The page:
A new study published in The BMJ claims that a simple urine test for human papillomavirus – the main cause of cervical cancer – could increase screening uptake among women by offering them a non-invasive option.
The most common screening method for human papillomavirus (HPV) is a Papanicolaou (Pap) test, also known as a smear test. This involves a doctor or nurse scraping cells from the opening of a woman’s cervix, before sending them to a laboratory to be analyzed for abnormalities.
The American Cancer Society claim that between 1955 and 1992, death rates from cervical cancer fell by almost 70% due to increased Pap testing. But despite this success, screening uptake in recent years has been low.
Current screening recommendations from the US Preventive Services Task Force (UPSTF) state that women between the ages of 21 and 65 should have a Pap test every 3 years. However, figures show the percentage of women following these recommendations stands at 83% – well below the target of 93%. In the UK, cervical screening rates have fallen below 80%.
According to the researchers of this latest study – including Dr. Neha Pathak of the Women’s Health Research Unit at the Blizard Institute of Barts and the London School of Medicine and Dentistry in the UK – past studies have indicated that an alternative to Pap testing could be to test urine for signs of HPV. But they note the accuracy of such testing has been unclear.
With this in mind, Dr. Pathak and colleagues set out to compare the accuracy of urine HPV testing against the collection of cervical samples.
To do this, they analyzed the results of 14 studies that looked at both forms of testing, involving a total of 1,443 women who were sexually active.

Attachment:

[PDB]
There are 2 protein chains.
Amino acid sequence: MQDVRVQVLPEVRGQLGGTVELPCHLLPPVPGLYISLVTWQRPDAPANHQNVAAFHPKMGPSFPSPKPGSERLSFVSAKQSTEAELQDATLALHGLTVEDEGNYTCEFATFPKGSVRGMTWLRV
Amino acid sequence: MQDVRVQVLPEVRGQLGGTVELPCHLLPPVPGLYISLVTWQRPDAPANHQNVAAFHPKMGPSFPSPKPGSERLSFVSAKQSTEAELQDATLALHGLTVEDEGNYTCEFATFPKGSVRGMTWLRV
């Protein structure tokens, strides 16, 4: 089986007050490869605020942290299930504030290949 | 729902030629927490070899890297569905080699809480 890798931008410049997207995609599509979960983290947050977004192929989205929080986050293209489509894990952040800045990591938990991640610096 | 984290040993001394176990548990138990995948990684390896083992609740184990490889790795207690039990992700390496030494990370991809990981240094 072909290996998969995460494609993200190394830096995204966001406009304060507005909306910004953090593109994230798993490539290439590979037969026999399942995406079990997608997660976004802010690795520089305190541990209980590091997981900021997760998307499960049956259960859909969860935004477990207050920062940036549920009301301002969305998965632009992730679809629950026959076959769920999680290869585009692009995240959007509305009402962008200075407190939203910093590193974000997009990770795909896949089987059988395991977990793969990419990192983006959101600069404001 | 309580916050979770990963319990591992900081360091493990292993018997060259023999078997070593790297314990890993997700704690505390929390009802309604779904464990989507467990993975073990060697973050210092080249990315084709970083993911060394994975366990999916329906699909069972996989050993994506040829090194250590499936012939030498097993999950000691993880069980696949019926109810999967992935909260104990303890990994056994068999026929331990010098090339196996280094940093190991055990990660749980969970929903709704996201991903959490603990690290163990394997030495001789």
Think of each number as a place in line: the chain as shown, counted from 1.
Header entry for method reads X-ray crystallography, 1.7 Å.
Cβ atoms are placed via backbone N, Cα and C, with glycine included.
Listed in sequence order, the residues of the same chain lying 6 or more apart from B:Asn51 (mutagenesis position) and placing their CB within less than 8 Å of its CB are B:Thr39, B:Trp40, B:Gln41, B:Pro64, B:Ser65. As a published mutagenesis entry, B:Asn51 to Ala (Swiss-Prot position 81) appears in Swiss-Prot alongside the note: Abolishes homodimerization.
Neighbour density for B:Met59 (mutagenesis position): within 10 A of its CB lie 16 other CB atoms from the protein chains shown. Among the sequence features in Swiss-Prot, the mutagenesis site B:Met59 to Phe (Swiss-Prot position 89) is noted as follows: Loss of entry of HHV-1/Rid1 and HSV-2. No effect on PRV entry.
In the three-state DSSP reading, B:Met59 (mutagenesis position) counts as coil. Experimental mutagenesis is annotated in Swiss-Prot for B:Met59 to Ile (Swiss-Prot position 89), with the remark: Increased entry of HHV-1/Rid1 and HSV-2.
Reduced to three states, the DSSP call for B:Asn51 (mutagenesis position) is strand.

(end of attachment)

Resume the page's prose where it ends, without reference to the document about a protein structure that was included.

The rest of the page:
They found that on average, the sensitivity of urine HPV testing – the proportion of positive results correctly identified – was 87%, while specificity – the proportion of negative results correctly identified – stood at 94%, compared with collection of cervical samples. When using urine HPV testing to identify HPV types 16 and 18 – the primary causes of cervical cancer – sensitivity was 73% and specificity was 98%.
The team notes that accuracy of the urine HPV test increased when the first urine sample of the day, referred to as the “first-void,” was used.
Commenting on their findings, the researchers say:
“Our review demonstrates the accuracy of detection of HPV in urine for the presence of cervical HPV. When cervical testing for HPV is sought, urine-based testing should be an acceptable alternative to increase coverage for subgroups that are hard to reach.”
They note, however, that their results should be “interpreted with caution” because of the variation found between individual studies, which could lead to overestimation or underestimation of results.
“The consequences of overestimation are especially important as they can lead to unacceptable morbidity and mortality,” say the researchers. “False negative results would lead to missing cases of precancerous or cancerous lesions, and false positive results would lead to overinvestigation and anxiety. Both scenarios could easily result in a lack of trust in HPV testing.”
The team believes more studies are warranted to further investigate the accuracy on urine HPV testing, and to look at the feasibility and costs of this method in a clinical setting.
In an editorial linked to the study, Harry C. Kitchener and Gemma L. Owens, of the University of Manchester in the UK, say urine HPV testing could be an achievable and beneficial alternative to HPV testing of cervical samples.
“In well-resourced health systems, self-sampling could be used for women who are reluctant to attend for regular cervical screening,” they note. “In lower income countries that lack infrastructure, self-sampling might even be beneficial and cost-effective for all women who are eligible for screening. More research is now required to identify the true clinical performance and acceptability of urine testing for HPV in both settings.”
Earlier this year, Medical News Today reported that the Food and Drug Administration (FDA) approved the first HPV DNA test for primary cervical cancer screening.
And in a spotlight feature back in January, we looked at the importance of regular screening for cervical cancer.